TERA is a free to play MMORPG in which you, the player, take on the role of an adventurer exploring the vast worlds and completing your choice of thousands of quests. In this game, there is no set role for you to play: the world is yours to do as you please.
TERA admittedly does not have much in the ways of music. However, it does provide some basic character voicing that – despite being limited to short sounds such as character grunting or making sounds noises of acknowledgment – actually works quite well.
The entire world consists of three dimensional graphics that – despite being more on the high definition side – are capable of running very smoothly on even moderate computers. This came as a pleasant surprise to me, as most games today which create games with three dimensional graphics tend to focus on adding more features rather than actually making the game playable for a range of people. TERA proved to be an excellent exception.
TERA’s customization is – for a lack of better word – fantastic. It’s not often that you see an MMORPG which manages to focus on both the gameplay as well as character building. TERA has more than made up for this. Players have the option of seven different races: Human, Castanic (a possible breed of Elves), Aman (very large former slaves of Giants), High Elf, Popori (what seems to be a dog and panda combined), Elin (humanoids with animal ears and tails), and Baraka (a breed of Giant). While not all races have both male and female character options – as some have no identifiable gender, or simple consist of one or the other – this appears to have done little in regards to enjoyable gameplay.
The game also has twelve different classes, each with their own unique set of weapons: Warrior, Priest, Lancer, Mystic, Slayer, Reaper, Berserker, Gunner, Sorcerer, Brawler, Archer, and Ninja. Only four classes are race or gender restricted: Reapers are only available when level forty or higher, Gunners are only Castanics or High Elves, Brawlers are only female Humans, and only Elins can be ninjas.
Along with the race and class customizations, players have the chance to further alter their character, starting from a number of preset characters. Skin tone, style of hair, outfits, and even the character’s voice are all capable of being changed. Along with this, various features of the character’s face – such as the nose, cheeks, and eyes – can be altered on a smaller level, making use of a sliding scale for each feature.
In short, I would say that TERA did an excellent job when it comes to forming their character creation, and this only further continued in terms of the easy controls. As someone who experienced the joy of playing a High Elf wielding a cannon as long as she was tall (courtesy of the Gunner class), I can honestly say that I have never had more fun making a character!
The non-playable characters found throughout the realm of TERA are fairly unique in their own right. Even shopkeepers have a unique set of dialogue and short term voice when interacted with, including points where they will be unavailable. The only downside to the limited voice dialogue is instances such as helping a character who is crying – you will hear them cry every time, even when offering good news, or their dialogue is distinctly cheerful. Still, the game makers made an effort of putting in actual responses when continuing dialogue, rather than simply continuing the conversation as if they heard some secret, telepathic response from your character.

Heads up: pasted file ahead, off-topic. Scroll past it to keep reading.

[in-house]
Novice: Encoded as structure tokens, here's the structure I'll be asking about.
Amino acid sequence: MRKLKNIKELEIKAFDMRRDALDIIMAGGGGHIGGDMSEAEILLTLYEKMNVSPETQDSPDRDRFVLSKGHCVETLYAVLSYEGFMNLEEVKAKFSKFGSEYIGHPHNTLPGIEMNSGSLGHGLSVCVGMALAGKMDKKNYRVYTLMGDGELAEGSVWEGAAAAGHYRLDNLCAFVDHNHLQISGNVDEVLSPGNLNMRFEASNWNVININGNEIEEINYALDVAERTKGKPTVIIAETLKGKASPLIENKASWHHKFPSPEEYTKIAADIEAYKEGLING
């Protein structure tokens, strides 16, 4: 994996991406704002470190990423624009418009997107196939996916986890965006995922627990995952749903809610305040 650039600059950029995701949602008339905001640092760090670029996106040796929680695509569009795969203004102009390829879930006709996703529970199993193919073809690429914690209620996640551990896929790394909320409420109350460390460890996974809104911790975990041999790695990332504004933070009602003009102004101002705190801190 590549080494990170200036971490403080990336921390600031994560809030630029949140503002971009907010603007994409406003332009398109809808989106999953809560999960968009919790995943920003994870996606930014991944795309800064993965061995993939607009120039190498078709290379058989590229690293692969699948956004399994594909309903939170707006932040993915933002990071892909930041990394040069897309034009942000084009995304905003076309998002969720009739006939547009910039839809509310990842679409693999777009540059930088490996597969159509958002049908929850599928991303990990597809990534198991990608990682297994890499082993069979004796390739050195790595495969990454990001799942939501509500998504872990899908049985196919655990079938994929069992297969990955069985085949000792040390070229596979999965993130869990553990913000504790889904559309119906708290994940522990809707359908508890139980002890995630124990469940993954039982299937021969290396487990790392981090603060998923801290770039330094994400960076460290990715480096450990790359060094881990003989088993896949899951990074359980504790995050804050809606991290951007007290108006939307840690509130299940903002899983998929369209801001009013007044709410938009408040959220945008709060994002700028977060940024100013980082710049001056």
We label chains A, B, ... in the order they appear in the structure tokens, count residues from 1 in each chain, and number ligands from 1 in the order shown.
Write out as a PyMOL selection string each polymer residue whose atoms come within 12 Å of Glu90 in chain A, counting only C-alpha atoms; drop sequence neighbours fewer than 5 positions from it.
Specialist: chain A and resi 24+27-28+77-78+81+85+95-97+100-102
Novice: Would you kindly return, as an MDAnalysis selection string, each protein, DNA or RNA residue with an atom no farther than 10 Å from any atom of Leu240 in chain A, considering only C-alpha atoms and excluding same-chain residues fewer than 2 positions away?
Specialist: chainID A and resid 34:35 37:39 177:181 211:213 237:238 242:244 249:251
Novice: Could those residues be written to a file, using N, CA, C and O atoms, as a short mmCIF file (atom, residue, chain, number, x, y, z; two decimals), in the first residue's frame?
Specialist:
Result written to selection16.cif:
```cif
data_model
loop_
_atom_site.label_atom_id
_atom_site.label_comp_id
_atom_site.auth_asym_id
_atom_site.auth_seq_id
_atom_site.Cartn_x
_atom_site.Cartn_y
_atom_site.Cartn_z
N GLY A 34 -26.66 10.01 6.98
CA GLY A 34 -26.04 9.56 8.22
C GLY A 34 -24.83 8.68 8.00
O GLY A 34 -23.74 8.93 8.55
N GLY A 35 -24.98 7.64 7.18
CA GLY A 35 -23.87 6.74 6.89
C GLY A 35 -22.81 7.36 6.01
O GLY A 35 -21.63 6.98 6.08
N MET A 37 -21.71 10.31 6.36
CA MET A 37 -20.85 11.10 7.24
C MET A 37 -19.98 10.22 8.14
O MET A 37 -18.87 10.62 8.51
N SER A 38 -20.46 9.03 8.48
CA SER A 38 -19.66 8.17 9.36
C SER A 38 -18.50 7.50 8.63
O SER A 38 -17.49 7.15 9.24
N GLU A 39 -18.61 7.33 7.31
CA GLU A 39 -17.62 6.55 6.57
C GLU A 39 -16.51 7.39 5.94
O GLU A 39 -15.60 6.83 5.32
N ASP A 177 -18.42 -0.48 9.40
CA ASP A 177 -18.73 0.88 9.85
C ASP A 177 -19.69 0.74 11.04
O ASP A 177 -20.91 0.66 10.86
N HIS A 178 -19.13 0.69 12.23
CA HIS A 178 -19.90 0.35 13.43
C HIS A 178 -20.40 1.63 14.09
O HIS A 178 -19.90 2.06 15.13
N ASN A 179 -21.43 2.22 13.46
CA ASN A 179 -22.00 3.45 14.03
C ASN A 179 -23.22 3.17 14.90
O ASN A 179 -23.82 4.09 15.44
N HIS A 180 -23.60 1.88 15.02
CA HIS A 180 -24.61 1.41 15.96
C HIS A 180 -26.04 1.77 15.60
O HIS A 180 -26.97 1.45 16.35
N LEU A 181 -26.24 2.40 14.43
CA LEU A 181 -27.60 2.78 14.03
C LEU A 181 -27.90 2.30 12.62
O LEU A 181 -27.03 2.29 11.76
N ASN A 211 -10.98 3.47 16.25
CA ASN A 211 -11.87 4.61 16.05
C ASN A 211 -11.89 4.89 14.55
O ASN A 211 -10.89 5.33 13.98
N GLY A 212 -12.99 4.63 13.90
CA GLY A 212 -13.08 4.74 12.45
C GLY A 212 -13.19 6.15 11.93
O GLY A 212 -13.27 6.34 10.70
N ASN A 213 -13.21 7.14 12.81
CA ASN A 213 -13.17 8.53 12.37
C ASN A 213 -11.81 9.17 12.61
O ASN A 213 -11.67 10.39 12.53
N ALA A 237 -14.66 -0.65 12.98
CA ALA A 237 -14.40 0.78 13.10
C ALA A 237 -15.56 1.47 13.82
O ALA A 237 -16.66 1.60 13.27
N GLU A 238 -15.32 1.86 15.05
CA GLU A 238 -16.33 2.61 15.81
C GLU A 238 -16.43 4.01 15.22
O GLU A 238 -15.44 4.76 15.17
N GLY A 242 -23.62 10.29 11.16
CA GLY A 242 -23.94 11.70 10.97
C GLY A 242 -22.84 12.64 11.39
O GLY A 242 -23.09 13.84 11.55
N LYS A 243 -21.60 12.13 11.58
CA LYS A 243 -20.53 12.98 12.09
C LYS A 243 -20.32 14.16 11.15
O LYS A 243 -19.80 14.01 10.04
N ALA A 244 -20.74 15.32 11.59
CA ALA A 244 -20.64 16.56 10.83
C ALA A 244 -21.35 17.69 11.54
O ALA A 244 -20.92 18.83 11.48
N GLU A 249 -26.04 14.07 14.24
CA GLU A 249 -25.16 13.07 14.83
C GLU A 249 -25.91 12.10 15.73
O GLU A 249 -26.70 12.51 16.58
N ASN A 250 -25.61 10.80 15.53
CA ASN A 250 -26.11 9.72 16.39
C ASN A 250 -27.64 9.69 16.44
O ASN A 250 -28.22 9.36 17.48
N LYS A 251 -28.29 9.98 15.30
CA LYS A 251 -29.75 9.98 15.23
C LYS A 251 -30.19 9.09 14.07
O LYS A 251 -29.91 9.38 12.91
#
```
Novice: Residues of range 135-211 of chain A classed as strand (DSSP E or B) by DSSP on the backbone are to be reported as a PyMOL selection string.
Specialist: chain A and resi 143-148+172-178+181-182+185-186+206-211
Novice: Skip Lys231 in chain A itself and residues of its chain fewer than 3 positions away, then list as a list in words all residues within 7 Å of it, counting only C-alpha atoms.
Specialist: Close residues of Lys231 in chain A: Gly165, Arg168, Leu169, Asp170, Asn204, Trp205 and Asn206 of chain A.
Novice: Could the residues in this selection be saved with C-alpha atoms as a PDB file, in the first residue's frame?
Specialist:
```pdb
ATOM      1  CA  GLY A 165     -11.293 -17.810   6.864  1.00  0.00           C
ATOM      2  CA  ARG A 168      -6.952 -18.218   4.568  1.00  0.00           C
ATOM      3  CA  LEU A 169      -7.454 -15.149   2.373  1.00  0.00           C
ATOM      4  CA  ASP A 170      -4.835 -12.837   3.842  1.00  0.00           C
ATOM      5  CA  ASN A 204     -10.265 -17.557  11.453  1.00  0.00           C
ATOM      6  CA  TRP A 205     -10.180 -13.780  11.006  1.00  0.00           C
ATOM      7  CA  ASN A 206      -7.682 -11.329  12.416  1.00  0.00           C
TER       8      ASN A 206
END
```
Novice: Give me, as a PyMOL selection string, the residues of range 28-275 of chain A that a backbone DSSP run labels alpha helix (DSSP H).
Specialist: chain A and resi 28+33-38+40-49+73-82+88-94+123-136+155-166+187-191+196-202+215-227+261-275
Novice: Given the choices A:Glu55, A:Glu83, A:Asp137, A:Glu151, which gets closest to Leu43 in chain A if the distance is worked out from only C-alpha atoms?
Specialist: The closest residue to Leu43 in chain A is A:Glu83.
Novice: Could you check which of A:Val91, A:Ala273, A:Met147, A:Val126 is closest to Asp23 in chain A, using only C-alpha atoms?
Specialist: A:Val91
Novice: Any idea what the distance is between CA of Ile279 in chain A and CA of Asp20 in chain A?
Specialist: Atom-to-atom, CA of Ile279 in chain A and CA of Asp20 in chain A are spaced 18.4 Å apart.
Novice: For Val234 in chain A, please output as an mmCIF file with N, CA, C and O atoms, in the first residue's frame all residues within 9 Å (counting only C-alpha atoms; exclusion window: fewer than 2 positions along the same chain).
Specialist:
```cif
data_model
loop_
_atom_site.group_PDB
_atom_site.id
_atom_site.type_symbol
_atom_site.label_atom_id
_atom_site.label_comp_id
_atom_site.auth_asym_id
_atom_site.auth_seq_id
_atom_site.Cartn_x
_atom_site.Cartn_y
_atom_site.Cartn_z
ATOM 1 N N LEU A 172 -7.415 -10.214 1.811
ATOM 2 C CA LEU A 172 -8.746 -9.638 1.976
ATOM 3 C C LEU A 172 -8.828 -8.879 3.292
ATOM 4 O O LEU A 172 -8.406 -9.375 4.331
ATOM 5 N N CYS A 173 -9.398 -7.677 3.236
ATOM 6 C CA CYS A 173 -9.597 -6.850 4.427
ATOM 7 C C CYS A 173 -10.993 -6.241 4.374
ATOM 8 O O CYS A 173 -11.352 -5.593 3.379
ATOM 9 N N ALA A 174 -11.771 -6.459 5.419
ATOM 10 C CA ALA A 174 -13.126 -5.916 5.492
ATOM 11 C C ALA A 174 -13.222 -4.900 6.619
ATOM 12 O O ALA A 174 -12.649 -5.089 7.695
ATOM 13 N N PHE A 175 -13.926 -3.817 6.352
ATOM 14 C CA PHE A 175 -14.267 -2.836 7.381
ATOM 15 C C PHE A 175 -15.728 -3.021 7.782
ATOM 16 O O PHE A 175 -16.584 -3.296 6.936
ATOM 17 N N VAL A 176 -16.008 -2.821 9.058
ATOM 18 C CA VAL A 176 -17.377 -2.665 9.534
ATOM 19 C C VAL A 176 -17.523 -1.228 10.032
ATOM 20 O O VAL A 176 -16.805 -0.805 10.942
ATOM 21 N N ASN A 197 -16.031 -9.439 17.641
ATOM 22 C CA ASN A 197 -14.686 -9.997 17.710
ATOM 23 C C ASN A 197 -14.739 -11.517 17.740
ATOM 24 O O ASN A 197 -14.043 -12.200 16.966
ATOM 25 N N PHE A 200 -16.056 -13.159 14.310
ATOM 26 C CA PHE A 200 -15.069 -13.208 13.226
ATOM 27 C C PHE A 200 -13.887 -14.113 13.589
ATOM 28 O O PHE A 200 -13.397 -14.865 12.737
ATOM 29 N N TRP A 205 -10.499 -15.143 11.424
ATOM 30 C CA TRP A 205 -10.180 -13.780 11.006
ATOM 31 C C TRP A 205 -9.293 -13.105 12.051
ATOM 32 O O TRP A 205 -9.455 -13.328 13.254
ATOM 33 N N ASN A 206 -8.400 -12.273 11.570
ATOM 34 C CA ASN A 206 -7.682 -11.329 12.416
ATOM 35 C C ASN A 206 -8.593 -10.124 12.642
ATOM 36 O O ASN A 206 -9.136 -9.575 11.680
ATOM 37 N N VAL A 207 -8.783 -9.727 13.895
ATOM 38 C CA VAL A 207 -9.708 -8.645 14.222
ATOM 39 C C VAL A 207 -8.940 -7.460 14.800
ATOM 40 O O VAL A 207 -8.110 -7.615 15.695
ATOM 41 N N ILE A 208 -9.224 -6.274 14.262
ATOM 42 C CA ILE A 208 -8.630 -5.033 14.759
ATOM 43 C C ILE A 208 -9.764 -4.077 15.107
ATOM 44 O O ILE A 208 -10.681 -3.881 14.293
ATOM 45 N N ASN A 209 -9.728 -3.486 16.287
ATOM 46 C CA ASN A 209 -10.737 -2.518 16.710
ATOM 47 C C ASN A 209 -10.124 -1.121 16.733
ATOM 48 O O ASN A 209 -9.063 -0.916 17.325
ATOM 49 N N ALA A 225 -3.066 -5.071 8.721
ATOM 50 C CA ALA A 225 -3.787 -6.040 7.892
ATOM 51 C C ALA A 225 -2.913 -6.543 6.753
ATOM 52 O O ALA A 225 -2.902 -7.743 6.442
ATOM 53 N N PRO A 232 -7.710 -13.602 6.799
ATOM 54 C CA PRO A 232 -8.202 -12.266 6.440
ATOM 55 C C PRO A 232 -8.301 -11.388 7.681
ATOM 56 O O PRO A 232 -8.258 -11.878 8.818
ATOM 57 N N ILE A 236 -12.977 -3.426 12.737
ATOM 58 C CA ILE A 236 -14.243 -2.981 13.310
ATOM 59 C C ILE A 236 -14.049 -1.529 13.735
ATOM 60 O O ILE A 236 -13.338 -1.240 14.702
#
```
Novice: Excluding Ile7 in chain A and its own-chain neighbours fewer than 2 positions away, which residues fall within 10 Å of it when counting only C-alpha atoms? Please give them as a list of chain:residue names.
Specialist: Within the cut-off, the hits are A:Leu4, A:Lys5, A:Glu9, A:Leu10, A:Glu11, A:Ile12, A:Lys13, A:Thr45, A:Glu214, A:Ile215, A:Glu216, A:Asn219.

Being an MMORPG, the game obviously has text based communication between players. Along with this, players also have the ability to interact with other players using keyboard triggered movements, such as waving hello. There is also the opportunity to form alliances and guilds within the game of TERA, either by joining one of the ones already formed (by both the game or players), or creating your own with a group of friends.
TERA is, as stated before, a game in which fighting and quests take up a majority of the gameplay, as well exploring the world within. With quite literally thousands of quests at your disposal, as well as hundreds of monsters, you as the player have plenty of options at hand.
TERA takes an extra step in their combat in that fighting is no longer a simple matter of pointing at your next target and clicking your mouse, or mindlessly mashing at the keyboard until something cool happens. Players will find themselves forced to strategize, to time their attacks and prepare to dodge and keep their camera in line with their character as they face off various creatures (and some gods) completely bent on mayhem and destruction of anything in their path, especially if they get angry. Monsters are not going to sit around and wait for their turn to strike in this game!
Teaming up also serves its purpose, as each of the many classes can fit into one of four focuses: defense, ranged, melee, and healing. Knowing your character and teaming up with other styles can prove advantageous in battle. However, each class can survive just as well in a group, so this is not a requirement.
Along with its combat capabilities, TERA offers the players a chance to earn in-game achievements, and to both craft and enchant their own armor. The latter skills are particularly important, as not having the proper equipment could spell out death for the unprepared adventurer.
All in all, I would say that TERA is a fantastic game, and a very enjoyable one to play at that. I had very little complaints while playing, and was amazed by how smoothly a game with so many features could run. For any gaming fans of the fantasy genre, or MMORPG players looking for a game that takes everything a step higher than most other MMO games out there, TERA is the one for you.